Playing in bands was not a great way to make a living when I moved to New York City, so I picked up jobs as a cook while still playing in the New Jersey club scene. One of the guys I worked with at a restaurant had heard that I knew a lot about building and repairs – he also knew I was getting tired of slinging omelets. He had moved onto a sales position at Rudy’s Music Stop, and when he saw a need for a repair guy, he convinced Rudy to talk to me.

Suhr Guitars At that time there was no repair shop there, let alone much room for one. My first “shop” was a small bench in the boiler room. Rudy was a Schecter parts dealer, and it didn’t take long for me to start building what became hundreds of instruments and doing so many repairs that we had to expand from the boiler room to over two floors of the building. This is the period when I was able to begin dialing in what I did and didn’t like about Fender guitars.

Did you get to meet Lou Reed and Eric Clapton? Mark Knopfler?
Mark and Lou were customers who I wound up doing a lot of work for, as well as guys like Reb Beach, Steve Stevens, Victor Bailey, Peter Frampton, G.E. Smith and many of the local studio players. I didn’t get to meet Eric until years later when I built amplifiers for him at Fender. The Pensa-Suhr Eric owned was a gift from Knopfler. I wish I could have had a personal interaction with him, but fortunately I was able to spend a lot of time with both Knopfler and Reed.

When you left that gig to design amplifiers with Robert Bradshaw in 1991, which was ultimately very successful, weren’t you worried about walking away from a successful gig – the bird-in-the-hand thing?
Well, yes, I was sort of worried, but Bob had already presold 100 or so of the 3+ preamps before I decided to move. I was always an employee at Rudy’s, and to be honest, the money wasn’t enough to really take care of my plans for a life with my new wife.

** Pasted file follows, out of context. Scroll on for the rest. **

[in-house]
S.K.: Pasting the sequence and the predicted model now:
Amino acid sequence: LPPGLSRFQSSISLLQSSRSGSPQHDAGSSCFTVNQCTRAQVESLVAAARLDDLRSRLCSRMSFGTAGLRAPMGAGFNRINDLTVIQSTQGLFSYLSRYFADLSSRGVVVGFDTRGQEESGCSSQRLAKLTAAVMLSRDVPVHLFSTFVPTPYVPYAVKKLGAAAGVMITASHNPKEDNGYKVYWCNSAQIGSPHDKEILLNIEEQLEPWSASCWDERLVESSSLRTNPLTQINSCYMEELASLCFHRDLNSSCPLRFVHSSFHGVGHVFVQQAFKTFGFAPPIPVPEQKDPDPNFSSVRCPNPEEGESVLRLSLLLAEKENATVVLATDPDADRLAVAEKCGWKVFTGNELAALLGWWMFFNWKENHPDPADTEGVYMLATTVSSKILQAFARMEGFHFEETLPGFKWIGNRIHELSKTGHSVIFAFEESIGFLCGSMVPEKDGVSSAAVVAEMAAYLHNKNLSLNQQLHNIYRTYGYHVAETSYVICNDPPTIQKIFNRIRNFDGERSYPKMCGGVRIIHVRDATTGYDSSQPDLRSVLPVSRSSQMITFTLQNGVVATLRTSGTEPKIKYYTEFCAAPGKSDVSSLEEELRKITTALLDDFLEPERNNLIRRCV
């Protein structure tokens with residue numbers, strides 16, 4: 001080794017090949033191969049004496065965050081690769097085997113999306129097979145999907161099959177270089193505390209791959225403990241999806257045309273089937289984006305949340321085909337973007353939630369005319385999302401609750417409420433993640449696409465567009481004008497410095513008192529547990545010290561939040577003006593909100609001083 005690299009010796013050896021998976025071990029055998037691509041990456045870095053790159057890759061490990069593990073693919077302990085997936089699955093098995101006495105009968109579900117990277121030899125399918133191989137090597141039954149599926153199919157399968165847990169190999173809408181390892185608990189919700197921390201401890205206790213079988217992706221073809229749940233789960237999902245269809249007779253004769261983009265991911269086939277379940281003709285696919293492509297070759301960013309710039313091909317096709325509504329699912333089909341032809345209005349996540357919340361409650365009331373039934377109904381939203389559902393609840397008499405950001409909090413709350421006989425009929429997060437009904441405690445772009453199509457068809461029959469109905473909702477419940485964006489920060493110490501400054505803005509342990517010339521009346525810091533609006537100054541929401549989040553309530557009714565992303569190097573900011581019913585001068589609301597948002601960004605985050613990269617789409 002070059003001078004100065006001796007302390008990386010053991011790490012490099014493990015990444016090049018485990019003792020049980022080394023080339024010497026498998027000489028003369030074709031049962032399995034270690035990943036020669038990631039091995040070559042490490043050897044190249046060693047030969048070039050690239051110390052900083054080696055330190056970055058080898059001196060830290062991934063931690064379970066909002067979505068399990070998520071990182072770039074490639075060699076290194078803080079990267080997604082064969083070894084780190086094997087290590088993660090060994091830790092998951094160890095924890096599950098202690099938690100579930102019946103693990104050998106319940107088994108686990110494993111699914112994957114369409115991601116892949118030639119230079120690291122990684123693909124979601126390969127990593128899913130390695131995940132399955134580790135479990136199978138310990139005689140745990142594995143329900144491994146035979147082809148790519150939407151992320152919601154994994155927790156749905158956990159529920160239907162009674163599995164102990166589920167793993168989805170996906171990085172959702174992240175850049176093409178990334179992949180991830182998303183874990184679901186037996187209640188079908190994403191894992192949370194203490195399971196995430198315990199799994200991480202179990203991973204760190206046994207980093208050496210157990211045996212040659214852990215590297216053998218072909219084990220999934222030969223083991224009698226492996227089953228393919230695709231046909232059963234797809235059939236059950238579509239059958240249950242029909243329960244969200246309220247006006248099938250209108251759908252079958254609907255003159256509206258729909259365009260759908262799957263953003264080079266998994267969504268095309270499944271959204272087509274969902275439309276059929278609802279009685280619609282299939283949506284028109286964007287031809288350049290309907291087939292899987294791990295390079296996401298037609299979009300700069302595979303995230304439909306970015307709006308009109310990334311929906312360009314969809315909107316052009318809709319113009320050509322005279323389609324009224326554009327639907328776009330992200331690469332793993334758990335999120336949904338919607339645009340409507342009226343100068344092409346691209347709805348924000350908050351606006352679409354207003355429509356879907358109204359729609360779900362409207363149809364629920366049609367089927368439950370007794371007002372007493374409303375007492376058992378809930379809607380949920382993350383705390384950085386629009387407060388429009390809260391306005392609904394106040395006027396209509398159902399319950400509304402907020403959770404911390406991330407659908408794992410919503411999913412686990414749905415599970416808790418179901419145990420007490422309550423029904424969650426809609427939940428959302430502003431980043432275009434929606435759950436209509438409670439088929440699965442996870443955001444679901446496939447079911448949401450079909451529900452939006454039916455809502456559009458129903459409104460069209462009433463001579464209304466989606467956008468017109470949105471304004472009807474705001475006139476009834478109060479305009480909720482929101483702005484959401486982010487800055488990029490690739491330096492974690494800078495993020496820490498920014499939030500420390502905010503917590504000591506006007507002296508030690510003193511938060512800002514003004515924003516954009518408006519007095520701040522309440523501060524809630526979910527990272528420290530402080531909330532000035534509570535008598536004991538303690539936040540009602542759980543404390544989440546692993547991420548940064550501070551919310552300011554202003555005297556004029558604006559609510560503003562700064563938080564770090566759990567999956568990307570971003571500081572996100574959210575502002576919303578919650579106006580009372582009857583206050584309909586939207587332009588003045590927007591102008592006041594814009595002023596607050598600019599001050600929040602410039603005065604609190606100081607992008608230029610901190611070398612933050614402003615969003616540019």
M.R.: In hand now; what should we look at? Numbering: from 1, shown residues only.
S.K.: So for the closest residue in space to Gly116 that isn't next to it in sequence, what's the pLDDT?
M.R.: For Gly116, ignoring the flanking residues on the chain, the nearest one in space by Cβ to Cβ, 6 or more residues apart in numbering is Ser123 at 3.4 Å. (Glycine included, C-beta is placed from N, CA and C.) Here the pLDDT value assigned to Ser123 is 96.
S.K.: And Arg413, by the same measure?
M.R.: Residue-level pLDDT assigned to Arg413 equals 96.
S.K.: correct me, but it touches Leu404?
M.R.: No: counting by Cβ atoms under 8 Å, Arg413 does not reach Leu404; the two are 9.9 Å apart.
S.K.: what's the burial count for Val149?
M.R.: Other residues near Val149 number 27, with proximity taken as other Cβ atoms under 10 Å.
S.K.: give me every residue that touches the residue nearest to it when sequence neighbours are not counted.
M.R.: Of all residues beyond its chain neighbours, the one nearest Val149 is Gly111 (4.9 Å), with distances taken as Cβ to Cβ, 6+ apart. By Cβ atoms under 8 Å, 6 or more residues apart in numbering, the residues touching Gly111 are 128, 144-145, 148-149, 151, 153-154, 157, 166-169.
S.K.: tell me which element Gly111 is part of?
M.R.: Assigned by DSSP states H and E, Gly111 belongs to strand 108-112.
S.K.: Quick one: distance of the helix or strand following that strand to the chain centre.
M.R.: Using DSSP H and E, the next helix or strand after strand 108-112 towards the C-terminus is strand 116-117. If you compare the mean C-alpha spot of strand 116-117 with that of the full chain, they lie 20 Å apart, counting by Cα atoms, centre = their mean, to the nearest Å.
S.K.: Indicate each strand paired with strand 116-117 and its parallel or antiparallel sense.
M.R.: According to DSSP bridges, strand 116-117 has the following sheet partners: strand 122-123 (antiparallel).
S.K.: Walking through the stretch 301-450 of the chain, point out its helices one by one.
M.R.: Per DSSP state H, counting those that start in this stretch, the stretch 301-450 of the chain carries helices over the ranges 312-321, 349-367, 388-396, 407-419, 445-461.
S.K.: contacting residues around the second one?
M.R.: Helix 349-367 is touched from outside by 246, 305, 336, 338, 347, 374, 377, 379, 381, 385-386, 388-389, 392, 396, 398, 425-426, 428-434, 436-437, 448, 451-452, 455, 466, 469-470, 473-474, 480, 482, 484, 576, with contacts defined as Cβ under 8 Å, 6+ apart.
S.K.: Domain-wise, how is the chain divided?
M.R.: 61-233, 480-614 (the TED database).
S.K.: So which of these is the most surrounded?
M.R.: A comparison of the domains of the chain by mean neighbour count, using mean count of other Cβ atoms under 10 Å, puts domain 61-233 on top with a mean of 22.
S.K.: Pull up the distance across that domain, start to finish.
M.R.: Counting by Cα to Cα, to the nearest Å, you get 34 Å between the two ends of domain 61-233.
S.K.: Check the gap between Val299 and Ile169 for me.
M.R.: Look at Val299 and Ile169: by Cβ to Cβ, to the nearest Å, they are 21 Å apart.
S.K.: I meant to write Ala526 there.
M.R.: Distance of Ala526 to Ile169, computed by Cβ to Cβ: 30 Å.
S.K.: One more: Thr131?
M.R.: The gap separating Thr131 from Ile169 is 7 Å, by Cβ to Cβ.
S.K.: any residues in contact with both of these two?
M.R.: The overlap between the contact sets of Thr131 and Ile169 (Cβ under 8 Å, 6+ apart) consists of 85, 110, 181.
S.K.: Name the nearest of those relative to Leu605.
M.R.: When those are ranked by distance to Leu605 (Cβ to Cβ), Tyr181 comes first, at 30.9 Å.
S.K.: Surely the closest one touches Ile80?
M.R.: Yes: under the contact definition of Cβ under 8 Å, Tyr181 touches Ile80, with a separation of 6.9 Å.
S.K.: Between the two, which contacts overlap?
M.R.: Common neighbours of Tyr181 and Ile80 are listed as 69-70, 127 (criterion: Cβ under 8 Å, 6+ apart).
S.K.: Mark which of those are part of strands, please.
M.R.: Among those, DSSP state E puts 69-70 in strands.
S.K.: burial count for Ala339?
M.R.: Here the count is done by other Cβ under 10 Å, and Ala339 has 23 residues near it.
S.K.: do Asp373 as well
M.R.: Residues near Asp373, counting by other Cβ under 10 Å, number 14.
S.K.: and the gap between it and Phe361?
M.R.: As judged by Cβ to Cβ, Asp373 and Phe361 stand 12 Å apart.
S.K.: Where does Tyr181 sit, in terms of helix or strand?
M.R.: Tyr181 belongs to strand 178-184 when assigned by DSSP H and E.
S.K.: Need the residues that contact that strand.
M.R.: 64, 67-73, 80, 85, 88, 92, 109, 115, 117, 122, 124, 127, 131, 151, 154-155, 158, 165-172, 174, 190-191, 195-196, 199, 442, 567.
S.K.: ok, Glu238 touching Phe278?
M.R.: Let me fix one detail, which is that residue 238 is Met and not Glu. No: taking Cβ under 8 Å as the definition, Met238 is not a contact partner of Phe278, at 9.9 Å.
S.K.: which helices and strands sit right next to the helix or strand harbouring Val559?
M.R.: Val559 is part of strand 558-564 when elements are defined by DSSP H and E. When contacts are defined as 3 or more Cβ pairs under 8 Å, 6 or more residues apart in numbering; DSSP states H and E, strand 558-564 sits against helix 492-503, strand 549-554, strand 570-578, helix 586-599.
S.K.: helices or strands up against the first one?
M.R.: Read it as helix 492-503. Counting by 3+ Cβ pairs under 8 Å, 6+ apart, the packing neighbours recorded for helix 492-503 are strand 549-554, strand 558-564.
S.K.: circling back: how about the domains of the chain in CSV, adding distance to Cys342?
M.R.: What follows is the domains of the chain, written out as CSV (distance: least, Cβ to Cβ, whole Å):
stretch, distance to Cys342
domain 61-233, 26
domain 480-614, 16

I designed all of the circuits and the preamp while I was playing in my band at my bandmate’s studio in NYC. I was constantly searching for tones I didn’t hear in amps I purchased but was hearing in my head. My then wife-to-be was stuck in Columbia for two years sorting out immigration issues, so I needed something to keep myself occupied. Taking what I had learned earlier, working at Time Electronics in Union, New Jersey and pushing myself to get the tones in my head in a three-channel preamp kept me very busy.

Suhr Guitars
“Wood is always an issue. We use old, slow growth maple for our necks. We’ve never had an issue with plain grain maple and have been using the same source since the beginning, but we are constantly looking for sources of body woods. Currently, we bring in a lift of alder and send at least half of it back, mainly for being too heavy.”

In 1995 you landed a gig as Senior Master Builder at Fender’s Custom Shop; did you appreciate the situation while you were there?
I have no regrets about my time at Fender – I learned things the way they were done there, but it really wasn’t what I expected. I was hired as a Senior Master Builder and was there more to contribute rather than learn. I learned how a factory approaches production, but I chose to approach it differently.

What precipitated you leaving Fender?
I left because I wanted more control over the product, so I could hold my head up high. I pushed for new machinery (CNCs) and the red tape was killing me. I was frustrated and felt that my skills would be better utilized in design and engineering – more so than sitting there, leveling frets and building guitars. I enjoy solving problems and being involved in research; I don’t like mojo. To me, there is a reason for everything.

Suhr GuitarsYou and Steve Smith founded JST in 1997. How integral was Steve to starting your own shop? How did you guys meet?
Steve was a software rep and a CNC programmer. He saw my frustration while at Fender and asked me why I didn’t just start my own company. My response was that I hadn’t learned about the programming end of it, and of course the money! I was also feeling a bit reserved since I now had a family to think about, with my wife and young son. Steve had done some programming work with Rickenbacker, but wasn’t a guitar builder; fortunately, all I had to do was get my CAD chops together and Steve could cut whatever I threw his way. We gathered a group of investors – mostly family, some friends and even Peter Frampton. Ten years later things are growing and better than ever. It took six to eight years to realize it, but I definitely made the right decision.